There’s An Unintended Foreign Policy Problem With Brexit, And Kerry Is Now In The Hot Seat

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Saagar Enjeti White House Correspondent
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The United Kingdom voted Thursday to irrevocably leave the European Union — leaving the United States devoid of its strongest E.U. ally against Russia.

“Britain’s influence in the world will be diminished,” U.K. Foreign Secretary Phillip Hammond told CNN Friday. Hammond admitted the loss of the coveted American proxy role saying, “We will just be that bit lower down the priority list of any U.S. President.”

The U.S. along with the E.U. have imposed sanctions on Russia since its annexation of Crimea and invasion of Ukraine. While Russia has agreed to a ceasefire and treaty in the Ukrainian conflict, officials have since refused to comply with any of the treaty’s requirements. The E.U.’s energy sanctions against Russia have been particularly crippling, plunging Russia’s currency value and contracting its economy by two percent in 2015.

The U.S. has committed to extended sanctions against Russia as long as it is in violation of the Minsk II treaty. John Kerry has also consistently urged the European Union to extend sanctions. The future of the more effective E.U. sanctions against Russia are now in question with the British referendum to leave the E.U.

France and Germany, the remaining economic powers within the European Union, want to ease sanctions on Russia to urge its compliance with its Ukrainian treaty obligations. France and Germany rely heavily on Russia for its energy supplies and are eager to turn the spigots back on, despite Russia’s aggressive behavior throughout Eastern Europe and Syria.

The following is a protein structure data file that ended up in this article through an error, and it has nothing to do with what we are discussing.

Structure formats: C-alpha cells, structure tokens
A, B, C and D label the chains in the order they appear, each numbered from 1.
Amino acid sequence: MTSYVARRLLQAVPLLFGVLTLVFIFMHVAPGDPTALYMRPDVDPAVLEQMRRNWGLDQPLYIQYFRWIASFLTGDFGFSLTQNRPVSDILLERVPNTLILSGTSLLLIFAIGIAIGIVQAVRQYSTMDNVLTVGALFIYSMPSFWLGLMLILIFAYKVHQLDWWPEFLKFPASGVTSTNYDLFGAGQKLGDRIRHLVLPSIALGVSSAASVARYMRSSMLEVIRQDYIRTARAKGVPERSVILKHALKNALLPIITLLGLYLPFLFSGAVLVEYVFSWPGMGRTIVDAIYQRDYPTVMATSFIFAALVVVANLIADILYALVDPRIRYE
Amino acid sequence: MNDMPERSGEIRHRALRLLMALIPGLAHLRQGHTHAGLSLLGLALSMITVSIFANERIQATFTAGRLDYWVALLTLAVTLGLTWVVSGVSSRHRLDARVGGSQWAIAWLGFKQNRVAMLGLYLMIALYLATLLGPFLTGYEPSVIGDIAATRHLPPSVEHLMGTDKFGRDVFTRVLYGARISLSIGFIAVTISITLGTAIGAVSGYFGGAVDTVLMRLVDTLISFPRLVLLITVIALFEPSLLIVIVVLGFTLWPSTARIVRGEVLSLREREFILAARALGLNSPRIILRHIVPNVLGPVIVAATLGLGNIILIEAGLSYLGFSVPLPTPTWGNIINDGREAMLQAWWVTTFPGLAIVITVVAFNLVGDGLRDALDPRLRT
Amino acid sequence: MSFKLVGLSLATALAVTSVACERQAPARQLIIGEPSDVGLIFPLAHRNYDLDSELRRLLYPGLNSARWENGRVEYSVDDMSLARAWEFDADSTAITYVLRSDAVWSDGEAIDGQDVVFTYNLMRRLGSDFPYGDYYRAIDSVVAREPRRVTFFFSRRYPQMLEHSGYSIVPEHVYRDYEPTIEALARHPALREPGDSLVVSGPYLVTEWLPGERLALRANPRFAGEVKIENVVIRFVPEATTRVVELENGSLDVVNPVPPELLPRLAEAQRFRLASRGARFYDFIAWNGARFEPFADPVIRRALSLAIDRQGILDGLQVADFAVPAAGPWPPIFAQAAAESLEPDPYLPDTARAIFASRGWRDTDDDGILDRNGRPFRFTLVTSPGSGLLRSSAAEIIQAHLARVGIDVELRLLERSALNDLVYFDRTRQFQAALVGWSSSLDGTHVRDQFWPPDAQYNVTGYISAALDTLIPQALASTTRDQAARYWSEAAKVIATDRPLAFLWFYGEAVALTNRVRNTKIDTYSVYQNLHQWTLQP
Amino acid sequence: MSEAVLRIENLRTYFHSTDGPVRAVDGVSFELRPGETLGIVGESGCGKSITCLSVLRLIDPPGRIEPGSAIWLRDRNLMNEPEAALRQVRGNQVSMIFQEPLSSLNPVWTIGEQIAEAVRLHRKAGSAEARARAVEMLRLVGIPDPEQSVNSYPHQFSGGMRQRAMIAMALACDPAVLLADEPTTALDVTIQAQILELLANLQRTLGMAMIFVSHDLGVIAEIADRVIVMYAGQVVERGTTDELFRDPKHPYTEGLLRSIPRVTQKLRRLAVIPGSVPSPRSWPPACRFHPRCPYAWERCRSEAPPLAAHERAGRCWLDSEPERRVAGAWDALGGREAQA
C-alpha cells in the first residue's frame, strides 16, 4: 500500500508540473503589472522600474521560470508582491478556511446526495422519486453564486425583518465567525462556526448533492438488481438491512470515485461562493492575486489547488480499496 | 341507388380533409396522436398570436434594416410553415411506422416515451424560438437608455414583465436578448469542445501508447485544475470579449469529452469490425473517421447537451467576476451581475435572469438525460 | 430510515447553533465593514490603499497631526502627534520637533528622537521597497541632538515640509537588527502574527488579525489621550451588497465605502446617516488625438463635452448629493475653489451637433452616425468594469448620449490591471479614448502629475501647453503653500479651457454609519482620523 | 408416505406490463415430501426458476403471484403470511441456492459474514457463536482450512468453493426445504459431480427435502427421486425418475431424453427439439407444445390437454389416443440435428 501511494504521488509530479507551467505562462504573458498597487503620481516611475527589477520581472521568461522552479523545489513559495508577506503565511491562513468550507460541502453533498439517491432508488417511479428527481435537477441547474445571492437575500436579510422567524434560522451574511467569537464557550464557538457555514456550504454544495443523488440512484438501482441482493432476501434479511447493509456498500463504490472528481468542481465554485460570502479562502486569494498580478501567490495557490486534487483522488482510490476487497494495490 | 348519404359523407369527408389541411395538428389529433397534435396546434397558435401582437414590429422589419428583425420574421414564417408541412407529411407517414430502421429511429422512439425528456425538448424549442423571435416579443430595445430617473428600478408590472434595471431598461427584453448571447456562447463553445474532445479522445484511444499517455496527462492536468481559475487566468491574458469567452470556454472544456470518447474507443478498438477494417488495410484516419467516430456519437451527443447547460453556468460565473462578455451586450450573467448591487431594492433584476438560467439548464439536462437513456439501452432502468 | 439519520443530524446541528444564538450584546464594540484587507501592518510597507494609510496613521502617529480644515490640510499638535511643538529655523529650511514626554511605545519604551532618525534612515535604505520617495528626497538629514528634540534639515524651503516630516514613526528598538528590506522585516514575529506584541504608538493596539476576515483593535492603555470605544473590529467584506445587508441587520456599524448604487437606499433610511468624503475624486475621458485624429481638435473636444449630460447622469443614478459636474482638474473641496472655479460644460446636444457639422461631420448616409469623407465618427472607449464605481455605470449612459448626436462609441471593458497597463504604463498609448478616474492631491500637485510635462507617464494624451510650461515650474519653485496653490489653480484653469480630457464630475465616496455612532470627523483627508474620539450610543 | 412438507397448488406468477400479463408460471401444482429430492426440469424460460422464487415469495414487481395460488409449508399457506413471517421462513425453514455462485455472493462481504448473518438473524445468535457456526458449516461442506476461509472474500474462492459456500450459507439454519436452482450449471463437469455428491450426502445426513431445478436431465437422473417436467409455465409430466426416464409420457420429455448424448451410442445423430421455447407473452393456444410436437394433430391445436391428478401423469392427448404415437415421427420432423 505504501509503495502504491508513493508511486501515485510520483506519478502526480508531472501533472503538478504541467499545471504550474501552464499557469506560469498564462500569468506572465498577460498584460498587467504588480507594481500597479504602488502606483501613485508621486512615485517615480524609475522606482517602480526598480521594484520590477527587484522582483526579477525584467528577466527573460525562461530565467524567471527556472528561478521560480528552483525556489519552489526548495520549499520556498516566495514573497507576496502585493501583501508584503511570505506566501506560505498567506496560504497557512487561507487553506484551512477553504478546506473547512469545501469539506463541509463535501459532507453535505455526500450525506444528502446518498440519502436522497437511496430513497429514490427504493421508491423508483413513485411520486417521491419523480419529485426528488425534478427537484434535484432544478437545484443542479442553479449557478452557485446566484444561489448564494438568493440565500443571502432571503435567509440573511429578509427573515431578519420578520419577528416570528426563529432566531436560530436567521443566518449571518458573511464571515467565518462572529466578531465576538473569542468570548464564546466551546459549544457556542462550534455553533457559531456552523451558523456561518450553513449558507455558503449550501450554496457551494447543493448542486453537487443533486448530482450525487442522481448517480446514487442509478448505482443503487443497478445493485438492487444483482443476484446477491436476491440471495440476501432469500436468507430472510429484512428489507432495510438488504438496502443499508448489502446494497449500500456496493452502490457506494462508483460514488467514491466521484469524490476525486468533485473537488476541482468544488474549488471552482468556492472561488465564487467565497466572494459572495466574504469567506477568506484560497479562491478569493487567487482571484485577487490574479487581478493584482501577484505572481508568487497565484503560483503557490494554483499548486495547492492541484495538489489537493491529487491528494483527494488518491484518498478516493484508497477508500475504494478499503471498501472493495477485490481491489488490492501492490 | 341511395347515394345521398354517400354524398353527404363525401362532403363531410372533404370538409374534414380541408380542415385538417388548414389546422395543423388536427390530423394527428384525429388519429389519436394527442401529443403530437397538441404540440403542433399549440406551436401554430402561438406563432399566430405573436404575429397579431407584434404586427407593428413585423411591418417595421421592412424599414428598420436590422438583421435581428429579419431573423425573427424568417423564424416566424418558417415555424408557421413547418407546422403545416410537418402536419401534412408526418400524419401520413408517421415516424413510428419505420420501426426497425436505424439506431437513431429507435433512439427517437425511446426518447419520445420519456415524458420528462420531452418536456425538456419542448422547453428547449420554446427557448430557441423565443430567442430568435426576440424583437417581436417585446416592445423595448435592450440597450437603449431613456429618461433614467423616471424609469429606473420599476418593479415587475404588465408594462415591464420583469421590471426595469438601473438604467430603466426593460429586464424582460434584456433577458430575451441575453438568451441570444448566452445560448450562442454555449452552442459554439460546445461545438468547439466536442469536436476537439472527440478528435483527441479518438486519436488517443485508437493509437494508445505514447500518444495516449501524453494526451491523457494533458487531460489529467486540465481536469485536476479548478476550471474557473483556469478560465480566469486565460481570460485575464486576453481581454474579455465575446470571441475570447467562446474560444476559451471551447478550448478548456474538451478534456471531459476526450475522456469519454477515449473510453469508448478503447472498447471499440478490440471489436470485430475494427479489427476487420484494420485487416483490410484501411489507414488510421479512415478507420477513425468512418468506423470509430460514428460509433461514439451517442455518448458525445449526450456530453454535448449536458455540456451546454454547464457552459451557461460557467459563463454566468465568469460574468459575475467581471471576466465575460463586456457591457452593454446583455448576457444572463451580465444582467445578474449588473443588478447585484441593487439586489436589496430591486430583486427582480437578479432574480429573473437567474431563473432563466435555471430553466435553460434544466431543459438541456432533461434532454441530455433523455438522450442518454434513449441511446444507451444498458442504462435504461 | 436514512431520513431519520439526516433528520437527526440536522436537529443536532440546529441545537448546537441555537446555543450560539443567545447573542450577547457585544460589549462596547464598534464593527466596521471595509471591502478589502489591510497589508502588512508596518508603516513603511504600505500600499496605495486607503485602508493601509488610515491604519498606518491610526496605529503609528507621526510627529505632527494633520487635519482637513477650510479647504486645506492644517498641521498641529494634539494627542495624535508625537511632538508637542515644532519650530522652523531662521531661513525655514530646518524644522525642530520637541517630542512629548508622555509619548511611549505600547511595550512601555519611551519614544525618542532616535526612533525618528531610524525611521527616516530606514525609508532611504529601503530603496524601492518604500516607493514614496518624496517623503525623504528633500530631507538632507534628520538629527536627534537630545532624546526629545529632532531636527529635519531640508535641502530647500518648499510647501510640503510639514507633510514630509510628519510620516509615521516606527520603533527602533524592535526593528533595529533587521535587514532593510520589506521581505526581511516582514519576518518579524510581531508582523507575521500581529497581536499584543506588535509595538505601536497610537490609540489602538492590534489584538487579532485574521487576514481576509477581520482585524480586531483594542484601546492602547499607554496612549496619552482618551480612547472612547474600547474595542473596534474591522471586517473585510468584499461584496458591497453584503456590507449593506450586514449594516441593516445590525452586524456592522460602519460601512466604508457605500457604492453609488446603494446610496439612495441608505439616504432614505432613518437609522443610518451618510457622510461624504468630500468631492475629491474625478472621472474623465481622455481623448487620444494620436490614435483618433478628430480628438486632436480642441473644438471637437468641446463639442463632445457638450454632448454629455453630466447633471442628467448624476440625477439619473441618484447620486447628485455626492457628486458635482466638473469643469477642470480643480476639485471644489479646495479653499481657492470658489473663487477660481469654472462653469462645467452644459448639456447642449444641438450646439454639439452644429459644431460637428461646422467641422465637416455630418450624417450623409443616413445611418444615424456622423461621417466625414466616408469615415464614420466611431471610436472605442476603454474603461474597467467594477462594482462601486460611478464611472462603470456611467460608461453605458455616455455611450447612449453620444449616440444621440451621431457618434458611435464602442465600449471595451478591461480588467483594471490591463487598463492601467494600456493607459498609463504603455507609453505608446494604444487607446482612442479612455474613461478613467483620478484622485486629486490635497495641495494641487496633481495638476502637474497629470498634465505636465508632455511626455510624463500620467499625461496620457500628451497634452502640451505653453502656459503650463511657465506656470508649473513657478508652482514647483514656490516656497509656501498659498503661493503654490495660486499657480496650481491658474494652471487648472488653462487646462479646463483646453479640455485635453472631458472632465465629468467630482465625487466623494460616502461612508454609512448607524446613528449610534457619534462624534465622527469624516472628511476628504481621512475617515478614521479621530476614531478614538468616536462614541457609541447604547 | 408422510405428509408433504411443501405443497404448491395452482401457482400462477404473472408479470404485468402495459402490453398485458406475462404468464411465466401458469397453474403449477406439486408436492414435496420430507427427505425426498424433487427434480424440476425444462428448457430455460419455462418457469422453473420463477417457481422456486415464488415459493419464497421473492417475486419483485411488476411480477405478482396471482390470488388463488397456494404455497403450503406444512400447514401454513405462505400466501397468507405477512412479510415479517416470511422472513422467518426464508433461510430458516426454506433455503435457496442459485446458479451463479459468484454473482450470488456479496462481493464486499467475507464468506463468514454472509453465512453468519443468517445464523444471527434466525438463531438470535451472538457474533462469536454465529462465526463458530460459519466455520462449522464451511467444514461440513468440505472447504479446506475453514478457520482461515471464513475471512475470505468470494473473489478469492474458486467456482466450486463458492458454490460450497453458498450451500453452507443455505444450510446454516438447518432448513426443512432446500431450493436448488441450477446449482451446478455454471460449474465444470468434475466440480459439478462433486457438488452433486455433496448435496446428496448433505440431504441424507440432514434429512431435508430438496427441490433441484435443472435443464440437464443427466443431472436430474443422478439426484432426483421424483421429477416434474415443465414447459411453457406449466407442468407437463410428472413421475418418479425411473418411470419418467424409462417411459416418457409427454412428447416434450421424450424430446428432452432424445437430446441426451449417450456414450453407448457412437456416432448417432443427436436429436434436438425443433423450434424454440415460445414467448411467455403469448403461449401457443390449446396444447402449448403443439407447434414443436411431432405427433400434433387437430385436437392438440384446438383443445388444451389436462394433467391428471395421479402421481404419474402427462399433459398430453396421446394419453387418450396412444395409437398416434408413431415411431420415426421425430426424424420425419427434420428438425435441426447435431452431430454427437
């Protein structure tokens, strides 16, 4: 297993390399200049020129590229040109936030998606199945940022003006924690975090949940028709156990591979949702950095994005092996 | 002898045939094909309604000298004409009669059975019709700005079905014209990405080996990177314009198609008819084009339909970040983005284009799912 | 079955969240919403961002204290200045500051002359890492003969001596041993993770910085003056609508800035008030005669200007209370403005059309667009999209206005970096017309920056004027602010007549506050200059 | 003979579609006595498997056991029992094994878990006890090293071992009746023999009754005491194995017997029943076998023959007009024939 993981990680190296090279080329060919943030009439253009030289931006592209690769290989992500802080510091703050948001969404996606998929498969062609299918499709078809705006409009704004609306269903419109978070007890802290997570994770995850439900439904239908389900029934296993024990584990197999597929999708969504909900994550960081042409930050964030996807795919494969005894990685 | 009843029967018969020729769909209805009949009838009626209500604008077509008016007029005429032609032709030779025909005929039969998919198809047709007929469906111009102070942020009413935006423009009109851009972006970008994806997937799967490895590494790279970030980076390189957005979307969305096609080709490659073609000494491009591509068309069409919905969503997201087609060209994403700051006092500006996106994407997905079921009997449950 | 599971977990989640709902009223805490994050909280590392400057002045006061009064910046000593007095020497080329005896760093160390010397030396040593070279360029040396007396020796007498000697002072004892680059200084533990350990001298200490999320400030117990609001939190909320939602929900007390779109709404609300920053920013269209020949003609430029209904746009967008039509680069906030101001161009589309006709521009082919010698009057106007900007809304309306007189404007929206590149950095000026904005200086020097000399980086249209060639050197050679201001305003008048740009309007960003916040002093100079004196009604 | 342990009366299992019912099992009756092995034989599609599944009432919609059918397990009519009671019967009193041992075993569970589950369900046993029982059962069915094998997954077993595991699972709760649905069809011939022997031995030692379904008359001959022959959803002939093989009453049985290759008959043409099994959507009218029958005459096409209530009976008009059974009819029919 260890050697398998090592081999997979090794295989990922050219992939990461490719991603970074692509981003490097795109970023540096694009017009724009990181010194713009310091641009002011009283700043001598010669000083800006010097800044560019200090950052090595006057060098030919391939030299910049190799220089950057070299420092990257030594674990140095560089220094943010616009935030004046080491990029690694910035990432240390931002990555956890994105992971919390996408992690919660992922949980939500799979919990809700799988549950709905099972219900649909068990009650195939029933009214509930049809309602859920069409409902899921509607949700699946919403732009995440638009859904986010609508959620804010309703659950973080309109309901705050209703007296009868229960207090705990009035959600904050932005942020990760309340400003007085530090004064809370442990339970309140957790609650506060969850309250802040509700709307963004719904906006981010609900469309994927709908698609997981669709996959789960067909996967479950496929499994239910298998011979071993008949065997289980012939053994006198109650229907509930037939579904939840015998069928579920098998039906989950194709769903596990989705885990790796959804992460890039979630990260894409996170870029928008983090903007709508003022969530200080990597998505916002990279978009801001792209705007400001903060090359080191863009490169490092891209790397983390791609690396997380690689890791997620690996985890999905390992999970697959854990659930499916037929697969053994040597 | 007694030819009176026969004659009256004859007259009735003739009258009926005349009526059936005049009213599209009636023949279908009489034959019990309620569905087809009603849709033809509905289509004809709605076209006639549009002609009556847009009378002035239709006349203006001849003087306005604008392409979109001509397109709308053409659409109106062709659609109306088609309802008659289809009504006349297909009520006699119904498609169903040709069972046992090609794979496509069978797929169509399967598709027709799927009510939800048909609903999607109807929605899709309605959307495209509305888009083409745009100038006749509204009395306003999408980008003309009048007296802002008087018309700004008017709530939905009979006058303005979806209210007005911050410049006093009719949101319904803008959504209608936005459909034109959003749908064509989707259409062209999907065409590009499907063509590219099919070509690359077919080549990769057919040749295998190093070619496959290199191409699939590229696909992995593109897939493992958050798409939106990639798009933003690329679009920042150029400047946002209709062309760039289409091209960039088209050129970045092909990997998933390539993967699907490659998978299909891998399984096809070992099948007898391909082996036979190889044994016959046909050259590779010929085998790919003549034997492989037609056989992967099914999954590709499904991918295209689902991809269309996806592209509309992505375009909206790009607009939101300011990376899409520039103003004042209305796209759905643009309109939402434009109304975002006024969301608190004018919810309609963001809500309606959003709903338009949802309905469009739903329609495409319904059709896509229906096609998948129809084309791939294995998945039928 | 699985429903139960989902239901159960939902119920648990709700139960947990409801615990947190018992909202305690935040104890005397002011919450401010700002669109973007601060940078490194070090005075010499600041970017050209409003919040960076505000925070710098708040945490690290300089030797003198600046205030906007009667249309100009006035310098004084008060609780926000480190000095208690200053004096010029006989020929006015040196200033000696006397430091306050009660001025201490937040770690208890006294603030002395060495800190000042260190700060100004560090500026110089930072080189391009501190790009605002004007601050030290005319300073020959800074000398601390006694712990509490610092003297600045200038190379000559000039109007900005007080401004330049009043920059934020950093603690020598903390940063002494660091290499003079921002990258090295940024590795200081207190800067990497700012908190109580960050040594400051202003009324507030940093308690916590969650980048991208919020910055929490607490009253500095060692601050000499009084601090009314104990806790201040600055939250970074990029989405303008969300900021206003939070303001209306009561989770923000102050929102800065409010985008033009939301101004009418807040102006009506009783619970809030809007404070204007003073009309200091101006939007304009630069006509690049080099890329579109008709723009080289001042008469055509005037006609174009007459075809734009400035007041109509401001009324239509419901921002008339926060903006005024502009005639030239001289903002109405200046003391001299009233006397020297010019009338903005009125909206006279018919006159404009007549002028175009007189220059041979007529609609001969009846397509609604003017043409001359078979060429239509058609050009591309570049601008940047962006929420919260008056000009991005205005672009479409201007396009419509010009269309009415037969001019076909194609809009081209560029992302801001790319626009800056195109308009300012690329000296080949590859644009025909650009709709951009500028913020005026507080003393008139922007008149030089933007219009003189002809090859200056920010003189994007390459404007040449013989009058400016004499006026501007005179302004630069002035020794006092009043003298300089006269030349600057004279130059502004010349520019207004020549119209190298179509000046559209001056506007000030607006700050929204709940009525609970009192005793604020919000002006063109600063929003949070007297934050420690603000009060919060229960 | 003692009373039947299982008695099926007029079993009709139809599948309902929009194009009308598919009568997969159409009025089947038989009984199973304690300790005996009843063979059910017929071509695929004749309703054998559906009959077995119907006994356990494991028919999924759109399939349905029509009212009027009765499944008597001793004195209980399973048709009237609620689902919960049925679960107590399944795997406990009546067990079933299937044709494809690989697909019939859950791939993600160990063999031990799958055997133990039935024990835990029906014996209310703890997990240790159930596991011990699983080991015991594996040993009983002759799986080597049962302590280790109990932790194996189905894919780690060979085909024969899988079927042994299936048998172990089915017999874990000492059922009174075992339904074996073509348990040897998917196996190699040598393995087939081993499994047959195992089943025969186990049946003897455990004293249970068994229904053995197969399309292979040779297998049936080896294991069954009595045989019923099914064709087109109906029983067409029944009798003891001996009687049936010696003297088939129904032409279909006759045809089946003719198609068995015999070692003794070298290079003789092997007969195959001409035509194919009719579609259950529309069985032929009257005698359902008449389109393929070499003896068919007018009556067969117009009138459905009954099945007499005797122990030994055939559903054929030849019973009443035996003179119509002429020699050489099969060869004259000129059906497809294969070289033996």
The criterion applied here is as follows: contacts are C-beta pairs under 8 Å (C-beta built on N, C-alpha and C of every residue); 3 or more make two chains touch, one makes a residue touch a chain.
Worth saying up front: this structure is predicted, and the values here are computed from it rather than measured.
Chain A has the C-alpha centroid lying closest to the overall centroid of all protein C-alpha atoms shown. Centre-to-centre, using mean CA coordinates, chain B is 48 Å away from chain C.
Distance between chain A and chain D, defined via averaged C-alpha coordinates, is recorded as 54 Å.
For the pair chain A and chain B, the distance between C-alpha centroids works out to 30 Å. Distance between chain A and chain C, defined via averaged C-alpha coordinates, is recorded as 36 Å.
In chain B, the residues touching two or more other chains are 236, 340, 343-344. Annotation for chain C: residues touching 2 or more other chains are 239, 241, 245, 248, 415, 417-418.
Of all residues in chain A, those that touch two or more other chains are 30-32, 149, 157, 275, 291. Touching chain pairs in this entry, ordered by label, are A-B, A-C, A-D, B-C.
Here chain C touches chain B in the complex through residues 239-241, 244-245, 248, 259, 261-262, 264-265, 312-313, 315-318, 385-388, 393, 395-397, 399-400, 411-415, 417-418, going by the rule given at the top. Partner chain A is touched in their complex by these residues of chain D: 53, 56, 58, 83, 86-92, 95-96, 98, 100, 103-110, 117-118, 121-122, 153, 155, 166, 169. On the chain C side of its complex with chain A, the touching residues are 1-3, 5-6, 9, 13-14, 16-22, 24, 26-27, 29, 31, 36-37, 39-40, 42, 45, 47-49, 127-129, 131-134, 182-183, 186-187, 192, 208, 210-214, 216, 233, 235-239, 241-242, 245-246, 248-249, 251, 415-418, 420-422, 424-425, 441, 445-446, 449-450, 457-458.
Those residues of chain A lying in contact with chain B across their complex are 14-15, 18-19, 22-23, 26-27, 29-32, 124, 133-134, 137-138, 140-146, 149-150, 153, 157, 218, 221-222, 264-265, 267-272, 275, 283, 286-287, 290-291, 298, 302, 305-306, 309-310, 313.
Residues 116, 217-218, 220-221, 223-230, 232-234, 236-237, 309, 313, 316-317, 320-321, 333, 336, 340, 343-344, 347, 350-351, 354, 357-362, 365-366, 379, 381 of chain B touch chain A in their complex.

The next E.U. conference on extending sanctions against Russia will happen in six months. The U.K. was a key bulwark against the French and German position. “The Russians are playing a game, frankly a game of divide and rule, targeting those who are temperamentally inclined to talk about relaxation, pressuring them. It is a big mistake,” British Foreign Secretary Phillip Hammond, told reporters Monday. Now, the U.K. will no longer have a say in E.U. sanctions on Russia.

“The Kremlin’s influence in Central and Eastern Europe has flourished thanks to clever energy policy,” writes Dalibor Rohac in his book Towards an Imperfect Union: The Conservative Case for the EURohac elaborates that individual European nations have not been “particularly effective in responding” to Russia’s swaggering in Europe.

Conservative editor of The Economist Edward Lucas told The Daily Beast Britain’s membership in the E.U. enabled it to take pro-American positions against Russian energy manipulation in Europe. Lucas further noted that Britain’s full throated assaults on the Kremlin’s behavior have “done more than any NATO contingency plans.”

NATO has been the bedrock of American power in Europe since its formation in 1949. “To fight the terrorist threat we need both the EU and Nato and we need stronger cooperation between Nato and the European Union,” NATO Secretary General Jan Stoltenberg told the Guardian the day before the UK referendum. After the United Kingdom’s vote, John Kerry and President Barack Obama will have to find another American advocate in the European Union.

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